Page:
How far does the Mid-West go? Pretty far, it turns out. I didn’t want to subdivide the Mid-West into things like North Central, Plains, High Plains because, while geographically impressive, there’s simply not a lot of people there. It’s not that they don’t have their own identity, as much as there’s not enough critical mass to make it an important enough region, on par with the Mid-West for instance.
Is Texas a Thing? Yeah, Texas is a thing, but I put them in the Southwest. People from Arizona or New Mexico might not like this, but I grouped these together. It was a little difficult to figure out where to stop the Southwest, but at some point, you hit the Rocky Mountains, and a very different fan base in Colorado. I decided to put the unincorporated land of Nevada in the Mountain West.
It’s possible that New England isn’t its own region, just like the Mid-Atlantic, but it’s tough to put Baltimore, Washington, and Northern Virginia in the same region as Boston. I took a look at the population numbers for the 60 largest Metropolitan Statistical Areas based on 2013 estimates and divided them up by my new region assignment. The 60 largest MSAs get you about 183M people, of 313M in the US. New England does seem to hold its own, as it’s slightly larger than the Pacific Northwest, and much bigger than the Mountain West. The problem with regions like New England, Pacific Northwest, and Mountain West is that they are really based only on one city. The Northeast is mostly based on one city, but it also has Philadelphia to increase its numbers.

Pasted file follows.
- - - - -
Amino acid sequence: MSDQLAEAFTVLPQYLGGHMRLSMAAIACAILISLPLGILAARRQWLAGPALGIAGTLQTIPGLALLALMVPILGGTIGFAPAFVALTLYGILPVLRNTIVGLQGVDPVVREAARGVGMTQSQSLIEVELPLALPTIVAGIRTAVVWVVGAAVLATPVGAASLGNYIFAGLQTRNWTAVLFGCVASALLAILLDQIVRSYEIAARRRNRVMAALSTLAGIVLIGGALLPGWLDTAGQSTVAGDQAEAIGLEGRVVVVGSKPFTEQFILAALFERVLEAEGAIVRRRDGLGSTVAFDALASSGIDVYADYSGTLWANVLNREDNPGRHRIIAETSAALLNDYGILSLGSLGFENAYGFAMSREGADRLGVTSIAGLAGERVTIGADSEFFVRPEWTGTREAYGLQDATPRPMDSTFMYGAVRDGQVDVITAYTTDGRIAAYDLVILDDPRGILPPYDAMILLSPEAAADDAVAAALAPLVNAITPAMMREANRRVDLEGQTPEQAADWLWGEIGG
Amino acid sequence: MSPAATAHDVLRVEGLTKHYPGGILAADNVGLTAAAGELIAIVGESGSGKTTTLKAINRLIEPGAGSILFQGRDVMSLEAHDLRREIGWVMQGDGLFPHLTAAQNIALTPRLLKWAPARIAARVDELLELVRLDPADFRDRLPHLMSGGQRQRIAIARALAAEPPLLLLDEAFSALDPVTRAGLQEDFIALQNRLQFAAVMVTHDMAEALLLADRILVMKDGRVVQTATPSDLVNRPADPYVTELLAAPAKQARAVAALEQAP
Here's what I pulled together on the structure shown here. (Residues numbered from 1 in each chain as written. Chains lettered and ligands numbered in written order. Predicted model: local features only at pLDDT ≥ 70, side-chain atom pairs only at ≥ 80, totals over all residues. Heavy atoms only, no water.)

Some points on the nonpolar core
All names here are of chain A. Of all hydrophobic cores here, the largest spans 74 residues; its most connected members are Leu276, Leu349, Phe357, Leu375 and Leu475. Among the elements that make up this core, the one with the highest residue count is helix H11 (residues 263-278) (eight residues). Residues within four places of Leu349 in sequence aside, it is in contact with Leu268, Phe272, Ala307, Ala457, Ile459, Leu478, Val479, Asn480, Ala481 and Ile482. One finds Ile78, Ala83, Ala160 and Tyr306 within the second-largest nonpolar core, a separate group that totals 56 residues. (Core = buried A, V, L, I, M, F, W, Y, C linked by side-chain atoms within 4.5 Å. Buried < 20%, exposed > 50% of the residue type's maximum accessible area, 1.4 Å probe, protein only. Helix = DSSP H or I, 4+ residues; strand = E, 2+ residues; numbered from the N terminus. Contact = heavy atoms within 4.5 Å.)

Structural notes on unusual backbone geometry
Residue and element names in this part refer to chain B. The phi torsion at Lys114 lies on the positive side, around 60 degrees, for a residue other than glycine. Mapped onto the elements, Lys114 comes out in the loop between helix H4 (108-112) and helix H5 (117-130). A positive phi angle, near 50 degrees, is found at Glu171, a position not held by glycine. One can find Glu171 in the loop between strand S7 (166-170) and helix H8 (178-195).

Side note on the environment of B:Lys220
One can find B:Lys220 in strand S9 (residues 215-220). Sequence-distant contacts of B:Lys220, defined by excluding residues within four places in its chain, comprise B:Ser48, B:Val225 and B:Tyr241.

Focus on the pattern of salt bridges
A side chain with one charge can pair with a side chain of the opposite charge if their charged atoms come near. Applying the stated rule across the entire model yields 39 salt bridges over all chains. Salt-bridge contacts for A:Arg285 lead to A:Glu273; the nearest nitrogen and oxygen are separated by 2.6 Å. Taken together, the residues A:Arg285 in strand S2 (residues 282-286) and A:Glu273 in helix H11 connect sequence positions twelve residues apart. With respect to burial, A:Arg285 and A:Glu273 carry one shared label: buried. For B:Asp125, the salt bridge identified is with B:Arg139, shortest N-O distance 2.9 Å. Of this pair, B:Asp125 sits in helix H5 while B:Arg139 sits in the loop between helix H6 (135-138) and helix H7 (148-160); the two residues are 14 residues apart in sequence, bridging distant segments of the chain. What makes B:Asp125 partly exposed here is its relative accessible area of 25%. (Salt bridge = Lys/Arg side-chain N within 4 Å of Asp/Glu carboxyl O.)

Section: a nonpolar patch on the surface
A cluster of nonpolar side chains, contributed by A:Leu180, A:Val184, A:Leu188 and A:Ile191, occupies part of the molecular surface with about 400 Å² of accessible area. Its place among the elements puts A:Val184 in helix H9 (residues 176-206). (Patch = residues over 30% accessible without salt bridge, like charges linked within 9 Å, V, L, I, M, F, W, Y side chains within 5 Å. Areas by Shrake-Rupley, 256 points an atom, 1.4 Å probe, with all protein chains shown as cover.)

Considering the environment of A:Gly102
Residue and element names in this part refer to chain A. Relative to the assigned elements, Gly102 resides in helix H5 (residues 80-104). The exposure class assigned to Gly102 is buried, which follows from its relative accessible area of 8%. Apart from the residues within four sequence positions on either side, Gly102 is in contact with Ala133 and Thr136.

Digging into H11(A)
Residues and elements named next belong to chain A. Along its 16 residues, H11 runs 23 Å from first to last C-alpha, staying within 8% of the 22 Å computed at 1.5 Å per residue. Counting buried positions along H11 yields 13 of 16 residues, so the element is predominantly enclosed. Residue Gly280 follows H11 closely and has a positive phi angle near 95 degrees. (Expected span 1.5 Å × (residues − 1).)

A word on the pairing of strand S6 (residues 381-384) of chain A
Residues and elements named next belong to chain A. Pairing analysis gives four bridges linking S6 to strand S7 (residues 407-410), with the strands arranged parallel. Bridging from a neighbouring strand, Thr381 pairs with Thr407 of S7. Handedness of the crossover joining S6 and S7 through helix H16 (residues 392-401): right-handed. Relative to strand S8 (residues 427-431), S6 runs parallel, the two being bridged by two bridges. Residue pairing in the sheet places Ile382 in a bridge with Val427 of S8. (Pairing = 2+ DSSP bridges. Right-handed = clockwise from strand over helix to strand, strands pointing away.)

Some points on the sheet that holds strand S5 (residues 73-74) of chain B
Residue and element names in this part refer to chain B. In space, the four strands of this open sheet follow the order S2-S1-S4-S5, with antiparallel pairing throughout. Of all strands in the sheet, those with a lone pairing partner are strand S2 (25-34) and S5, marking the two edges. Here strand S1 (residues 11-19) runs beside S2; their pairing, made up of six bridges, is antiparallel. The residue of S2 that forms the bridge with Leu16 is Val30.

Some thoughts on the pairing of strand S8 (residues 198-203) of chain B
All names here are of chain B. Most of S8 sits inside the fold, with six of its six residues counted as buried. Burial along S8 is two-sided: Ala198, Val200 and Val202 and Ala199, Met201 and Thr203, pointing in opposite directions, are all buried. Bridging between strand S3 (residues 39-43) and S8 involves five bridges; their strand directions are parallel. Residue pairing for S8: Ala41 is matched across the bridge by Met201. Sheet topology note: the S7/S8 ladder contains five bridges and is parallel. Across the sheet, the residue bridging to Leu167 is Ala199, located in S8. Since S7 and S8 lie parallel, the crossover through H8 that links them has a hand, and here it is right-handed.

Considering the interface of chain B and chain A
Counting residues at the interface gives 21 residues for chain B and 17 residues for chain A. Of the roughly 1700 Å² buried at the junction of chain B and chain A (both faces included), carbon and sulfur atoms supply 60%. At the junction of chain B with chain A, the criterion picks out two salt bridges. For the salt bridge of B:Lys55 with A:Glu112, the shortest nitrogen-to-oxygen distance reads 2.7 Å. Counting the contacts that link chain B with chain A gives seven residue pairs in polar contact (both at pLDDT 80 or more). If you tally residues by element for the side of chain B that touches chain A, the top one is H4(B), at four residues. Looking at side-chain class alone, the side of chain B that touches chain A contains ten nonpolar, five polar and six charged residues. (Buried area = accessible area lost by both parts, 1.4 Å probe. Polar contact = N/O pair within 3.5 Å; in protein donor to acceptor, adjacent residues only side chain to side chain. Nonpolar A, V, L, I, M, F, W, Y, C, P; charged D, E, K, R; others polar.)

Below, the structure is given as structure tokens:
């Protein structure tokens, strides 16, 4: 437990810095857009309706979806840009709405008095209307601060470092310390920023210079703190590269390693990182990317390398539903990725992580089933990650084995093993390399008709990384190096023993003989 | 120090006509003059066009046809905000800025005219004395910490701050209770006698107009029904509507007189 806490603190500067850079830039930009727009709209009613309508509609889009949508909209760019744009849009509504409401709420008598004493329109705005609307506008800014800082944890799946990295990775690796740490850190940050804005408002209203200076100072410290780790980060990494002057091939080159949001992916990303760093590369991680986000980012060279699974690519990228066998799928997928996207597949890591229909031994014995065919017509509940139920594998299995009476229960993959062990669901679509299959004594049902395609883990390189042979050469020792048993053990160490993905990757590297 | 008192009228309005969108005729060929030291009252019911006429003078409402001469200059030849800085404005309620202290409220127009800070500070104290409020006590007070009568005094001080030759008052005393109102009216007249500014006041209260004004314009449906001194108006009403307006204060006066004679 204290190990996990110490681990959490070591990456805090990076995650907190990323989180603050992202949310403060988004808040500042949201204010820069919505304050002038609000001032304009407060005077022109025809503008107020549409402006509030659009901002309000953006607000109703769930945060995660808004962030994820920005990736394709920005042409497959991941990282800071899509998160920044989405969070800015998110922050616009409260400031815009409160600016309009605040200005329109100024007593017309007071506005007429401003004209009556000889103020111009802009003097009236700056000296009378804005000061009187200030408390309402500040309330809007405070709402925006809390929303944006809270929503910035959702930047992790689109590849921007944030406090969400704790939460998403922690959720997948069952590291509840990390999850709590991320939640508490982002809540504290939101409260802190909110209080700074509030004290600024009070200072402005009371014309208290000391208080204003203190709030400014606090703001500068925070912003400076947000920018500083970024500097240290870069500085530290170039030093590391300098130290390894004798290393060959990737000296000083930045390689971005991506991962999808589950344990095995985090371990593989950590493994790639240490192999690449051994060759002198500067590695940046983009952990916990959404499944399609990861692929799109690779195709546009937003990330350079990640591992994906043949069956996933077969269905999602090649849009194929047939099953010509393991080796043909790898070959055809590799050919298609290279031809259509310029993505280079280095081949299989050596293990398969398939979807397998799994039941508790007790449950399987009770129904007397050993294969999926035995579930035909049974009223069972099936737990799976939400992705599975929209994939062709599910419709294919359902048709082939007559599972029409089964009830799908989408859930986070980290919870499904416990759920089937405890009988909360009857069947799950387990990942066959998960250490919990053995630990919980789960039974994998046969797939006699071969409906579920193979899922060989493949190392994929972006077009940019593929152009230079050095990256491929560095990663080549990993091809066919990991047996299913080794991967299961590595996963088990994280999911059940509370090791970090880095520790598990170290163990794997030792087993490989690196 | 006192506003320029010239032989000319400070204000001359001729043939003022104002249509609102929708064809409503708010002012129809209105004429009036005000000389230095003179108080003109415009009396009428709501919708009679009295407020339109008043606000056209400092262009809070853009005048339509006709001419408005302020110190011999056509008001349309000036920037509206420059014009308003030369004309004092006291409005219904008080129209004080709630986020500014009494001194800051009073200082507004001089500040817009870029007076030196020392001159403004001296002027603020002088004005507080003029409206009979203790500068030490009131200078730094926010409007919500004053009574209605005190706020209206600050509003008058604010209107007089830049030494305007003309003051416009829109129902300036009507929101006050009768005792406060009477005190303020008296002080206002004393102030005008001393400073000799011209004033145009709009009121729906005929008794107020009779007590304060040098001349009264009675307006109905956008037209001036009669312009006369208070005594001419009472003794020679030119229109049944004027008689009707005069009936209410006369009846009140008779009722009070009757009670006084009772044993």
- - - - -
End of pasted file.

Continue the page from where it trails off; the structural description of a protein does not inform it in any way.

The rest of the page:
Other fun stuff: Southern California includes Las Vegas, so maybe it needs another name. The Pacific Northwest contains Idaho, which has no coast. The Southwest includes a little bit of Louisiana. A tiny bit of Georgia sneaked into Florida, which was surprising, as I thought it would go the other way. If southern Virginia, North Carolina, and northern South Carolina were part of the Mid Atlantic, it would only have increased to about 10M in population based on the above chart, so while it would look more geographically impressive, it would still be a fairly small region.
Robinson Cano has convinced the Mariners to outspend the suddenly thrifty Yankees by $50M, and give him a $240M/10 year deal. This deal shoots Cano up to one of the highest paid players in baseball, and one of the largest contracts ever signed. But is it a good deal?
I looked up $100M contracts that were complete, or mostly complete that had been given to players 31+, signed through 38. I couldn’t find any. Well, I could find one, and it’s not a comp that Cano wants:Alfonso Soriano – signed 31-38 – $136M – 9.1 WAR (1.1 WAR/year)